What’s your favorite recent headline? Let’s share some great headlines in the comments to provide additional headline-writing inspiration. Personally, I thought there were some great ones in the last Top 10 Articles for Writers post I did.

Photo via stock.xchng user somadjinn

17 Comments

  1. Kathy

    So true! And yet, something I struggle with every single time I write a piece. For some reason, I can research, interview, and write a 1000 word article on a topic and yet, when it comes to writing the title/headline, I falter. Love the headline studying idea, and i plan to add that to my to do list today!

  2. Susan

    I’ve been reading The Yahoo! Style Guide and they have a whole section on writing strong headlines. Really great tips on incorporating keywords, choosing clarity over cleverness, and so on. Here’s a headline that may not pass the cleverness vs. clarity test, but I do admire the writer’s ability to subtly work in some innuendo: RIM: Jobs is Wrong; Seven Inches is Big Enough

    • Carol Tice

      Hah! Hilarious headline, Susan — thanks for contributing that. Wish I could do humor better, I really admire people who’ve got that going.

  3. James

    I love it. How could you not want to read a post with the word “killer” in the headline??

    • Carol Tice

      I gather “death” does well too… glad you enjoyed!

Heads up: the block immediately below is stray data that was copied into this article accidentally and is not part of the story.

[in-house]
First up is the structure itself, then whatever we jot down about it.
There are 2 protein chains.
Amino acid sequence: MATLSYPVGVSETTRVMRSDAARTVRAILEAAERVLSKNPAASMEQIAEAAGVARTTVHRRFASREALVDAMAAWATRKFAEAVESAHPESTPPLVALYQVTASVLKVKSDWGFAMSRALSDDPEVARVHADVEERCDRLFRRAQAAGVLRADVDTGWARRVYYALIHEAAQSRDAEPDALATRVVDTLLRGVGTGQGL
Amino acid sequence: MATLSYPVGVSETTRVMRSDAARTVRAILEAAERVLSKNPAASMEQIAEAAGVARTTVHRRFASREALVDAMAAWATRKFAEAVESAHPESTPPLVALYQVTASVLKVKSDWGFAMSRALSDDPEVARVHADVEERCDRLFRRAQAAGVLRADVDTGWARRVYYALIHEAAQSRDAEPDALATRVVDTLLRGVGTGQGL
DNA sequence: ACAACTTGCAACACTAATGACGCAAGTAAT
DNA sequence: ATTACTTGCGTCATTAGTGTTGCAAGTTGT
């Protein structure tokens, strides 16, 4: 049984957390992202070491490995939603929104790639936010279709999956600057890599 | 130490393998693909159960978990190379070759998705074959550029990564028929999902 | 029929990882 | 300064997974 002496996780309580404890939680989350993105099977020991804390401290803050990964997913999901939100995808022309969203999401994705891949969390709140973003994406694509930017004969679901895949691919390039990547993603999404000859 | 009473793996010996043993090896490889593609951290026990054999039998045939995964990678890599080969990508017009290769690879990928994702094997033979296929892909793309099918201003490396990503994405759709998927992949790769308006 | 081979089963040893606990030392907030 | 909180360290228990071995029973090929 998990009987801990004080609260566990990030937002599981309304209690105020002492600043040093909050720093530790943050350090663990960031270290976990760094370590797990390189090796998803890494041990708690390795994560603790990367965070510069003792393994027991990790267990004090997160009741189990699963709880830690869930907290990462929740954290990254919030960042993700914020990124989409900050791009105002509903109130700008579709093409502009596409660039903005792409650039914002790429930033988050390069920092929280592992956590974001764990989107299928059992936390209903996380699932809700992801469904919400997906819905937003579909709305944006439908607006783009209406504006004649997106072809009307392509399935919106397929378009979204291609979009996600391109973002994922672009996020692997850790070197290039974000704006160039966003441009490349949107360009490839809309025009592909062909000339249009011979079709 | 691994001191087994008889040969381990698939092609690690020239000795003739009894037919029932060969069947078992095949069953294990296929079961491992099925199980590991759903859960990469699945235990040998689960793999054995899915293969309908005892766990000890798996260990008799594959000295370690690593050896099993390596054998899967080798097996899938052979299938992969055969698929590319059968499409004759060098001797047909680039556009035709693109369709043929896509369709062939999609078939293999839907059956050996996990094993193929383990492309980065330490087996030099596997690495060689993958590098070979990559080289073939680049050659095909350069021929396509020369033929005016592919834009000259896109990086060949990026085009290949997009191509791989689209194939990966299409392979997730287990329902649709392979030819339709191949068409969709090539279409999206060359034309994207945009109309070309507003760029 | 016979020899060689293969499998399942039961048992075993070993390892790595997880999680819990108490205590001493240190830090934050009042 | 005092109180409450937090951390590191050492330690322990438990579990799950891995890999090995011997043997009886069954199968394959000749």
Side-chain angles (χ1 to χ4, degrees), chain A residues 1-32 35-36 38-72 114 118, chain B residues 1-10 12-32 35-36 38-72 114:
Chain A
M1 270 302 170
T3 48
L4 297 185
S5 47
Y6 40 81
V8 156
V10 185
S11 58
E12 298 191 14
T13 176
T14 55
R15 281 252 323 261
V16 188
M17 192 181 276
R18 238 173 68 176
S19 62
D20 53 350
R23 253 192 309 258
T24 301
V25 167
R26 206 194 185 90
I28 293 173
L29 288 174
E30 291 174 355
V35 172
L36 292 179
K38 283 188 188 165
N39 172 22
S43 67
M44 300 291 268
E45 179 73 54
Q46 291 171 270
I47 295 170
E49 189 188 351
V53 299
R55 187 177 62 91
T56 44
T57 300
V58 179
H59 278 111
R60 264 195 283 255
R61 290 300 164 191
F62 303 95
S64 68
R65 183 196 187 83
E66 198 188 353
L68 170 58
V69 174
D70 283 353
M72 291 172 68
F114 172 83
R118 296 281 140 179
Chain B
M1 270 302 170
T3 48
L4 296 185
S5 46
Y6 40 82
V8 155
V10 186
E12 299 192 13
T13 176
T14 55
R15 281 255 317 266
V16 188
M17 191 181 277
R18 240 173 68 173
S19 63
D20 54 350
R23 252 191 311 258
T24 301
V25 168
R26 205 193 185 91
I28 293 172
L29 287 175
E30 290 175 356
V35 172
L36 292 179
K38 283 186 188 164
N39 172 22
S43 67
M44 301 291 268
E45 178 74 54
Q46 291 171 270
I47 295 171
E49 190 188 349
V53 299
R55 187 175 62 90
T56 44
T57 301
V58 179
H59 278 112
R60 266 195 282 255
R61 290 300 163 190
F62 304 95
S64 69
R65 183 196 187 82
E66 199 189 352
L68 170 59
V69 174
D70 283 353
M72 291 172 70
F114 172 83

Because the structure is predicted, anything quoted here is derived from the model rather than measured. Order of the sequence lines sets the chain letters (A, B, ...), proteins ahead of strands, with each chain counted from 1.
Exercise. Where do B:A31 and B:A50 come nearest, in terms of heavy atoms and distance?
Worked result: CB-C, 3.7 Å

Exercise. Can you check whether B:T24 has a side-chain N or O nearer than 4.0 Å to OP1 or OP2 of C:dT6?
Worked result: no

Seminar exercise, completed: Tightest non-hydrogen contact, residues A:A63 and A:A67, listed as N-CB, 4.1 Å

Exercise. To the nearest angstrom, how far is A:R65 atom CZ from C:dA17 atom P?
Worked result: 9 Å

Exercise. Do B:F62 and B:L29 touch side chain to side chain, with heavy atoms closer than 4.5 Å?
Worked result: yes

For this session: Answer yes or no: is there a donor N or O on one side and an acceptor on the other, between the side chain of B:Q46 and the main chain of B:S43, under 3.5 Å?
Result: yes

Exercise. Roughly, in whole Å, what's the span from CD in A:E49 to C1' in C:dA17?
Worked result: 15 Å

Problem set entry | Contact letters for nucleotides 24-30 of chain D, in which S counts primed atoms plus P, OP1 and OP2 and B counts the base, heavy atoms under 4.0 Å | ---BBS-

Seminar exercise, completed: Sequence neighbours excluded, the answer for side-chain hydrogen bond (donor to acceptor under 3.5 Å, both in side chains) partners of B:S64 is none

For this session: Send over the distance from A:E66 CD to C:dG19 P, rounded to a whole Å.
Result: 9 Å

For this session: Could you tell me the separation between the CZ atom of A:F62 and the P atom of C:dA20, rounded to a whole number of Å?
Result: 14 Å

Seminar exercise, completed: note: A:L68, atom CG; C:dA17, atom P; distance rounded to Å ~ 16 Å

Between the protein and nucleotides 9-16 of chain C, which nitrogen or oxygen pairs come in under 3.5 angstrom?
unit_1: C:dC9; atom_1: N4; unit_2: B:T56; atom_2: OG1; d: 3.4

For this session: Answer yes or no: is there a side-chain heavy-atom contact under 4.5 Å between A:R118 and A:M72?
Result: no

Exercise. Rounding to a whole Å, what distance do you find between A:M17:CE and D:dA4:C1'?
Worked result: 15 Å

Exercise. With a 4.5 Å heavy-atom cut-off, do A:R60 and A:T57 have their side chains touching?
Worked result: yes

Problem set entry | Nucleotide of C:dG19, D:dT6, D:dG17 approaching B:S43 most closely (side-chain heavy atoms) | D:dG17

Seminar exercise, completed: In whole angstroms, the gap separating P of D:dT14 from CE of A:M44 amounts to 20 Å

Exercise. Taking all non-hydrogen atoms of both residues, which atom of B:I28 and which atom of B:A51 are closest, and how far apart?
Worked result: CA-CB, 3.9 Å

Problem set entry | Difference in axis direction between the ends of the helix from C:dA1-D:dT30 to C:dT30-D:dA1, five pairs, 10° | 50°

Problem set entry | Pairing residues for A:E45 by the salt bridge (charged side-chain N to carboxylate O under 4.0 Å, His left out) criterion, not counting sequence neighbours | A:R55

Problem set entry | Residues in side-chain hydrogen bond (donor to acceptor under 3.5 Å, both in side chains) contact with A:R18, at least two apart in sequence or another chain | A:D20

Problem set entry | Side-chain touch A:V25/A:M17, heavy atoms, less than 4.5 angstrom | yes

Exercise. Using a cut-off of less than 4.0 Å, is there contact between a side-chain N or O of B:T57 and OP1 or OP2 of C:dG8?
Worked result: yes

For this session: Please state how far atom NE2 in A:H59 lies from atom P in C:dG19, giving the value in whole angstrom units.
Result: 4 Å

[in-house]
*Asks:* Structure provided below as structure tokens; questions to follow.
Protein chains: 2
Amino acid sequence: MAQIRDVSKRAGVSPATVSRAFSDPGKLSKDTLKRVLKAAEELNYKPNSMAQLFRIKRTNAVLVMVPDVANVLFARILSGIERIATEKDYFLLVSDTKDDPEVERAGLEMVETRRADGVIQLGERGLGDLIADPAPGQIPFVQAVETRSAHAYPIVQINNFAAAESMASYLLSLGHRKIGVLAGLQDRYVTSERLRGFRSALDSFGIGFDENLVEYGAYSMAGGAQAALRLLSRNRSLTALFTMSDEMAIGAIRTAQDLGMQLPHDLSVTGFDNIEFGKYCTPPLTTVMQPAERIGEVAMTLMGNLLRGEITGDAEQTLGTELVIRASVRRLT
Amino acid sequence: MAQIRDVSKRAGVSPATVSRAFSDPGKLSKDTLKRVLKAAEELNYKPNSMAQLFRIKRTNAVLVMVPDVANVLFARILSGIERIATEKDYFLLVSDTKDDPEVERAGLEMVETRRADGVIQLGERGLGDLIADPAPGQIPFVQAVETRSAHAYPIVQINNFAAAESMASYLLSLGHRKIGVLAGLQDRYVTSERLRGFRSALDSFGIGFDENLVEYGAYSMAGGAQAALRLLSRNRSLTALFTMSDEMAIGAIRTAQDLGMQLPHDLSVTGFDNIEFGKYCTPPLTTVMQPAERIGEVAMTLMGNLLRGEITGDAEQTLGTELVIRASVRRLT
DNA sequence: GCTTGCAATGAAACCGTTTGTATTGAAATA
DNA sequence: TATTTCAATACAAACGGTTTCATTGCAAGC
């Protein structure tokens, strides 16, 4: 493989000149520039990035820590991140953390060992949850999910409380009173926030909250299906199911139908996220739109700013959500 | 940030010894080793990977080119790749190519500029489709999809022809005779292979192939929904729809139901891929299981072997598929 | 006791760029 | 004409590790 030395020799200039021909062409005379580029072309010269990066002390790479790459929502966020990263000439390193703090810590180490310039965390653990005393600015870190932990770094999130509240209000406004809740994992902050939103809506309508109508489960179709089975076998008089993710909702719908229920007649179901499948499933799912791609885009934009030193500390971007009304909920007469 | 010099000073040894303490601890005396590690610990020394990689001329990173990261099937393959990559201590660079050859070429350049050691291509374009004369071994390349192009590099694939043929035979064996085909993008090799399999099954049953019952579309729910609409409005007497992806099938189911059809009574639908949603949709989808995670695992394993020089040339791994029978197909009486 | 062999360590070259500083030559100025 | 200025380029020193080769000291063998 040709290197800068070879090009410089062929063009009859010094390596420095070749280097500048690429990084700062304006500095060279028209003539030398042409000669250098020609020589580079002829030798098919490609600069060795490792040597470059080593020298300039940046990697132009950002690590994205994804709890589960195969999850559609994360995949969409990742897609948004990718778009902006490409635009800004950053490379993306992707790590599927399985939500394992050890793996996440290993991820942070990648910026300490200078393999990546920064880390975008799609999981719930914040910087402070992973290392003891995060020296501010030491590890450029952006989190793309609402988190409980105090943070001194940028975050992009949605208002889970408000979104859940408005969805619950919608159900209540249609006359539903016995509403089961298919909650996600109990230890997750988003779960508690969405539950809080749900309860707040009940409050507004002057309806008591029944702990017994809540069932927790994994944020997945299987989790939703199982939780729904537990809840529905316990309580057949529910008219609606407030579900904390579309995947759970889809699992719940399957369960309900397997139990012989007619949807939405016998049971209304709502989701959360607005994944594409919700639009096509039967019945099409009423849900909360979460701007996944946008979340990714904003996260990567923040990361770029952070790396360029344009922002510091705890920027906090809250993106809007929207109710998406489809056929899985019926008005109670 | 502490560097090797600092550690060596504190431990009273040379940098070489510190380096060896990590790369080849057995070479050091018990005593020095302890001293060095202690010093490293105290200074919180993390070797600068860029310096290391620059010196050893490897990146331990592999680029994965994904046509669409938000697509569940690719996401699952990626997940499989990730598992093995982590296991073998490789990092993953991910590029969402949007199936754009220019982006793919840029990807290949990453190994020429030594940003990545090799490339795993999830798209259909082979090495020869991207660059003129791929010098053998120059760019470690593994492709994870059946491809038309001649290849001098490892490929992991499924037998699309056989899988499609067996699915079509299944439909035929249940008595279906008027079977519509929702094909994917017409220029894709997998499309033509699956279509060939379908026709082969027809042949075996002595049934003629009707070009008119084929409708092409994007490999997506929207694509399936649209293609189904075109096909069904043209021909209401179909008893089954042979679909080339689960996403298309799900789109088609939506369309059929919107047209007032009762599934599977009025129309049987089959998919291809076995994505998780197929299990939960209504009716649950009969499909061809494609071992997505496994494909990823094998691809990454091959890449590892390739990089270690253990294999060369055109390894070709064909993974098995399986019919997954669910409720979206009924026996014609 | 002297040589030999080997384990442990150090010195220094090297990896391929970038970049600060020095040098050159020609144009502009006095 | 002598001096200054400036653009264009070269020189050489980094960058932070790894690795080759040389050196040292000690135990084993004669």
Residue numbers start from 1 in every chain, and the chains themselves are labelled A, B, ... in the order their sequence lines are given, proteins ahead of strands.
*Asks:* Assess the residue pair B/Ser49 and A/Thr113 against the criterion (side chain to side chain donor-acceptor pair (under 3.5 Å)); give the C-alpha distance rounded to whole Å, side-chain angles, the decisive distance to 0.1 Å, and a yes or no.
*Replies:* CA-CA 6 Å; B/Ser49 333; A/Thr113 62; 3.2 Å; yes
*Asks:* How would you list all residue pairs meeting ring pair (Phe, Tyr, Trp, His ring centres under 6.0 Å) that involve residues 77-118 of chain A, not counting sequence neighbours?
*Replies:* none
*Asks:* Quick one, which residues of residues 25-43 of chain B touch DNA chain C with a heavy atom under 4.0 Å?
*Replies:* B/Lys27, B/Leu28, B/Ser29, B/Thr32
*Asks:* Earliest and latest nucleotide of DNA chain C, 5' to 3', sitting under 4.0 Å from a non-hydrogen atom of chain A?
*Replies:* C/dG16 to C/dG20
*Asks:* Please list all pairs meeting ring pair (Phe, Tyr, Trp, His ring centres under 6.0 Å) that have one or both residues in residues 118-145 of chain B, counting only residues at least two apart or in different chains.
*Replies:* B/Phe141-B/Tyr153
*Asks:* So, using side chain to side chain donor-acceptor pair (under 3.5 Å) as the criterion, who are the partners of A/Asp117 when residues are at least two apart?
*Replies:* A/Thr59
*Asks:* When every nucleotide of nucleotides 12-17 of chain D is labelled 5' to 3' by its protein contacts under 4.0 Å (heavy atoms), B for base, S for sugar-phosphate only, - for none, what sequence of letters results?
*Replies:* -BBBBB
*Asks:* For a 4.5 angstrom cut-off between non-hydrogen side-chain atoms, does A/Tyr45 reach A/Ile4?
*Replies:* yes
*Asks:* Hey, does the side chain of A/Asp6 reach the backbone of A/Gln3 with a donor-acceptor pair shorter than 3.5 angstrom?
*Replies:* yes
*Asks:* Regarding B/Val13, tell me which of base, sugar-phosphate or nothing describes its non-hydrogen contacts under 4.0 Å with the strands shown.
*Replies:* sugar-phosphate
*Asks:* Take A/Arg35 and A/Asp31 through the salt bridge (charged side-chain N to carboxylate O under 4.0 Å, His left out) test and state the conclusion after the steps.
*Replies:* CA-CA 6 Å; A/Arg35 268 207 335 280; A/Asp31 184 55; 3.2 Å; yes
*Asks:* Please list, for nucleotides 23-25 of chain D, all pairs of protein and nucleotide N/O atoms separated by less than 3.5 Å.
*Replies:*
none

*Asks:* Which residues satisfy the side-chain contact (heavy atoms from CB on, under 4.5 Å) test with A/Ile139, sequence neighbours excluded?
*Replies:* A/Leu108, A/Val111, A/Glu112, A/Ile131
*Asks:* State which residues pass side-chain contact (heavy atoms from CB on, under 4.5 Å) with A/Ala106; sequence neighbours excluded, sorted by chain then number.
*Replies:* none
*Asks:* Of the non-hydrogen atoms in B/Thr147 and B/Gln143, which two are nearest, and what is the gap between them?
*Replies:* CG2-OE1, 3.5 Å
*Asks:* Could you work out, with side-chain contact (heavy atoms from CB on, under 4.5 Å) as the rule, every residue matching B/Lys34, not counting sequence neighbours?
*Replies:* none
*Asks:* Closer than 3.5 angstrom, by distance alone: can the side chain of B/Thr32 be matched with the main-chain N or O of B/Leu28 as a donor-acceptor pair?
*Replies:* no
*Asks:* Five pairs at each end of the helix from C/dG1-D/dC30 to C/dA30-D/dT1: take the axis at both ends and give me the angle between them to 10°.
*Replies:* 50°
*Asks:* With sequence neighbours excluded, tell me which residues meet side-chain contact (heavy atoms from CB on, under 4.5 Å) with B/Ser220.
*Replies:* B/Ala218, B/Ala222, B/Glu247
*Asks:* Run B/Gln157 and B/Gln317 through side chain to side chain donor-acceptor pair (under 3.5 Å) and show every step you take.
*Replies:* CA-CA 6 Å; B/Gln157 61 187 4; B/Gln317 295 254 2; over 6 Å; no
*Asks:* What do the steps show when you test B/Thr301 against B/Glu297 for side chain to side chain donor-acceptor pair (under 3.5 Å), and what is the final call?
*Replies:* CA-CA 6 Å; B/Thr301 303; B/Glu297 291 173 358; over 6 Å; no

When I was blogging for BNET, I had a whole list of words that seemed to get the best traffic, including “crazy, dreamer, madman, ass…and American Apparel.” Apparently people CANNOT stop reading about that company.

      Which actually brings up a point — each blog has its own special trigger words. You have to experiment a bit and see what gets your audience riled. On this blog “Demand Studios” is definitely a hot-button phrase. Which reminds me I’ve got to write an update on their stalled IPO soon! Because people cannot stop reading about THAT company, either.

  4. Krissy Brady

    Thanks for the great information! It’s so true–I used to write for a couple of local newspapers, and the editor was all about writing the headlines, so I never really fine-tuned the art. Now that it is THE way to get noticed in the blog world, it is more important than ever. I’m still in practice mode, and articles like this bring me that much closer to my goals. Thanks again!

  5. Abhinav Kaiser

    Headlines with keywords gets latched onto google index, which brings you more visits.

    In fact, I have seen that some smart bloggers use great headings, but the content is either irrelevant, or is some viral crap.